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  • MilesDriven

Ferrari 360 Modena: Wine and Whisky

Some things are better as they age, bit only if kept in good condition.


'Modern classics' are likely to become an ever-growing segment in the coming decades with more production years squeezed into an ever-widening time period. Now, it is easier than ever to keep machines in top condition for longer, and with new combustion engine cars possibly disappearing a renaissance of car maintenance gains momentum. Plastic bubbles are keeping cars in cold countries safe from harsh conditions. Air Conditioned garages in desert countries are keeping cars cool, and out of the paint bleaching sunlight. Summer events are gaining a larger audience, and more cars are being bought as long-term investments as bank rates remain at fractions of a percent. People buying a car as an investment are sometimes maligned in the motoring press as disinterested and stopping a market from forming at a reasonable value. However, if someone has convinced themselves to put their money in supercars over stocks we shouldn’t begrudge them. Whatever we have to tell ourselves to make the maths work, ostensibly a lot of the ‘future classics’ just track inflation. The giant plus is that In twenty years when you are banned from buying anything that isn’t a close relative of a golf caddy these machines will still be in fine fettle, ready to be bought up and enjoyed.

An example at the more common end of the scale was a hot hatch from the early 2000s that I have recently spotted for sale. Worth mentioning, solely because I’ve owned two and loved the engine, was the EP3 Civic Type R. A 7,000-mile example was for sale a couple of thousand pounds less than its original sale price. Since many of these have been run up a tree, covered 170,000 miles, or fallen into the hands of people that enjoy the McDonald’s racetrack of roundabout, car park, and drive through combo, it’s good to see a few being kept for the days when we have all forgotten what a Sunday morning blast really means.

This takes us to the Ferrari 360 Modena. A car that was reasonably well-received at launch, then forgotten about once the 430 and 458 came along. Today though appreciation in both its Ferrari spirit and price track upwards. Power that you could use without two seconds later going into such a speed territory that the loss of license becomes guaranteed mixed with smooth lines that epitomise the word 'supercar'. The 430 will likely join this club in time. The beauty of a gated shift pattern between driver and passenger instilling something special about the manual versions. A budding marketplace for conversions from the automated F1 paddle shift is already gaining steam.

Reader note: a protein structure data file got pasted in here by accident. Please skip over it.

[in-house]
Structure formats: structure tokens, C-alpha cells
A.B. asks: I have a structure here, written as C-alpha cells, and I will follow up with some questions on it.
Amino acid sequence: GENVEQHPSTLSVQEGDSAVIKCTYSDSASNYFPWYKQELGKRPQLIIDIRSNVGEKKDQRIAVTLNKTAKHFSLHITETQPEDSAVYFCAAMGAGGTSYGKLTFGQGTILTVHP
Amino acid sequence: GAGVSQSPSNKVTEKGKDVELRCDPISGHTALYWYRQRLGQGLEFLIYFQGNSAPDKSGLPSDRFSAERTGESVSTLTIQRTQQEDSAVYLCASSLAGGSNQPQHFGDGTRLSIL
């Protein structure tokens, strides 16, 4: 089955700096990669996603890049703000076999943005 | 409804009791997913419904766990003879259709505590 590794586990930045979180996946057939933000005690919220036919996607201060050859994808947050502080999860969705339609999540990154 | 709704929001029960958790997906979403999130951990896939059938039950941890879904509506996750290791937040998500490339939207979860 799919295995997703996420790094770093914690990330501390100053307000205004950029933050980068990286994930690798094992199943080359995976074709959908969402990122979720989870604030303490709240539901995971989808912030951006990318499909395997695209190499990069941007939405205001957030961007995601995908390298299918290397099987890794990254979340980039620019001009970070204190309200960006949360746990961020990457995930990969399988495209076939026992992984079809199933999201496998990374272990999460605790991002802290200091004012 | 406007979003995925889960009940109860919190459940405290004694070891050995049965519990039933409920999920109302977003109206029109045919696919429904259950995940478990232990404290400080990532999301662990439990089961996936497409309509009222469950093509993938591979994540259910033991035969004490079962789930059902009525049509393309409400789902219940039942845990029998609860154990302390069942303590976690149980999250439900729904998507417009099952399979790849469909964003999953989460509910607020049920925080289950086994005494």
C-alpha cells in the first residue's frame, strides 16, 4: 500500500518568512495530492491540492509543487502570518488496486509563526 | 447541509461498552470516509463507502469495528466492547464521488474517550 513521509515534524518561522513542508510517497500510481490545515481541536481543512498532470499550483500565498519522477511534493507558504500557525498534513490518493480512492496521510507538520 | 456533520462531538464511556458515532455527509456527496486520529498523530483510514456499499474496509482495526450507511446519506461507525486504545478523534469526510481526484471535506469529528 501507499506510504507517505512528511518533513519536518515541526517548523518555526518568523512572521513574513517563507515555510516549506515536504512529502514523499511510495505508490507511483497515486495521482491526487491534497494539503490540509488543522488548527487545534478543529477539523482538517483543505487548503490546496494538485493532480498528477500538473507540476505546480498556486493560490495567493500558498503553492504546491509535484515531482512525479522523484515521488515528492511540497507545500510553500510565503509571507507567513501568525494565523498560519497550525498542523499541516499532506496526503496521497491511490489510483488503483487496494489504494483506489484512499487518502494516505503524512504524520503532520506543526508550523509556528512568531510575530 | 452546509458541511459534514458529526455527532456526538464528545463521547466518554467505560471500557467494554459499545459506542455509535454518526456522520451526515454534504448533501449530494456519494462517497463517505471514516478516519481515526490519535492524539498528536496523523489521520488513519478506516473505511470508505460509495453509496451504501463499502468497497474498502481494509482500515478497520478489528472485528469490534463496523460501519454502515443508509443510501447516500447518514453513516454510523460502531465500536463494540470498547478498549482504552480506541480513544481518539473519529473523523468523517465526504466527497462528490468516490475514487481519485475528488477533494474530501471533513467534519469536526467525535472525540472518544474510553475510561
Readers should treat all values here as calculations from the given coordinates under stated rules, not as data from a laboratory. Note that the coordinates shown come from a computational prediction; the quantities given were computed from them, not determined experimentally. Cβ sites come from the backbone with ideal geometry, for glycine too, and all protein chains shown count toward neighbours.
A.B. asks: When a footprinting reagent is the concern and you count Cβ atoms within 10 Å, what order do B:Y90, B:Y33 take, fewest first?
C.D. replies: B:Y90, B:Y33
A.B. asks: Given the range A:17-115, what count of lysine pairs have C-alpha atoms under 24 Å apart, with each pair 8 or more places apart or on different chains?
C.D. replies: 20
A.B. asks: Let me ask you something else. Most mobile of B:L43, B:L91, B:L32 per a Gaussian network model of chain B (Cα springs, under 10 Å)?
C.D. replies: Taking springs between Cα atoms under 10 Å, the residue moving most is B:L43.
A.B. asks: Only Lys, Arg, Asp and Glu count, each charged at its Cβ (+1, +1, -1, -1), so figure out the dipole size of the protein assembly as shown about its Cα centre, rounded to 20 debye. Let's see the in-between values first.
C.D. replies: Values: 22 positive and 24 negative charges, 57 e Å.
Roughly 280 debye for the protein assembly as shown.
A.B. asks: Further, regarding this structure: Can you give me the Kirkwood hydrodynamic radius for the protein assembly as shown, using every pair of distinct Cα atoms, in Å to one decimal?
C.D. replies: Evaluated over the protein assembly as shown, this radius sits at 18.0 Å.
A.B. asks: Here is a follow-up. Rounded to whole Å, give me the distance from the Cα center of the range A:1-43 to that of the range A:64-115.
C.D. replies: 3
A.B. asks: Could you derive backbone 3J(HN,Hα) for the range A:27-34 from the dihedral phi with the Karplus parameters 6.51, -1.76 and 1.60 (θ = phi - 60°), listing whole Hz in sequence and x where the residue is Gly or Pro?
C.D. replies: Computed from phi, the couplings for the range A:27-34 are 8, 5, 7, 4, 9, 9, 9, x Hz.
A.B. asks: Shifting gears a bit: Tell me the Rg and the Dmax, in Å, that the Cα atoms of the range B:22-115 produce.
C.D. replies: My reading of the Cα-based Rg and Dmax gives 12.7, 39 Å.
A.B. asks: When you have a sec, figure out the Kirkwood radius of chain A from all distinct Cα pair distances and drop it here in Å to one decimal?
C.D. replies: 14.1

There is also another trick the 360 pulls, offering a feeling to the driver that it’s just you and me.

It’s been over a decade since I was fortunate enough to take a Ferrari 360 on a short jaunt. I can honestly remember thinking, why would you want anything more? That car did have an ‘F1’ gearbox so shifting was stuttered, but at the time you didn’t care. Comparisons to today's dual clutch are meaningless. The noise, the thrill of revs, revs, revs, and the feeling of a chassis that dared you to push to see if it would let go. Since then, speed has become an order of the day, if you can’t go from zero to sixty as fast as some utterly irrelevant all wheel drive launch box people look down on the engineers. Forgetting that they have not once in their life lined up on a runway with their current car to race the competition. It’s why drag races are fun to watch, but shouldn’t form any part of an opinion on how good a car is. A Honda NSX-R could be launched awfully and get stomped on a wet day in January. It doesn’t mean it wouldn’t be utterly glorious on a July afternoon on your nearest racetrack.

There is also another trick the 360 pulls, offering a feeling to the driver that it’s just you and me. There are a few electronic nannies, but you will be quickly humbled if you think that the inputs of a lumberjack won’t find you facing the way you came. Some may see this as a bad thing, the only way to detach from that mindset is to ask yourself. If you saw the neighbours attack dog, unshackled and staring at you through the fence, would your heart rate spike more than seeing old granny Sue’s Lhasa Apso barking at you through the window, yes, well do you buy a sports car for a rush, or for a sedate canter. The thrill of the 360 is that the prancing horse must be respected, treat it right, don’t be a fool and it will be your humble steed.

This takes us back to how these cars are kept, with many people piling into the market for investment opportunities’ there are lots of good examples being kept in climate-controlled barns and other received complete overhauls after careless owners. Hopefully, over the next decade or two, they will be released back to the market as prices begin to flatline. After all the hype has left the room there will likely only be a dedicated bunch that is in the market for this level of thirty-year-old supercar. Sadly, some won't make it that far, there is a number that has been badly modified, wrapped in orange, and covered big mileage without too much respect for the short service intervals, hopefully they will be saved, but if not we can take solace that it isn’t the majority that has been festooned with such treatment.

In the end, it’s wine and whisky, age it right, and it is something to savour.

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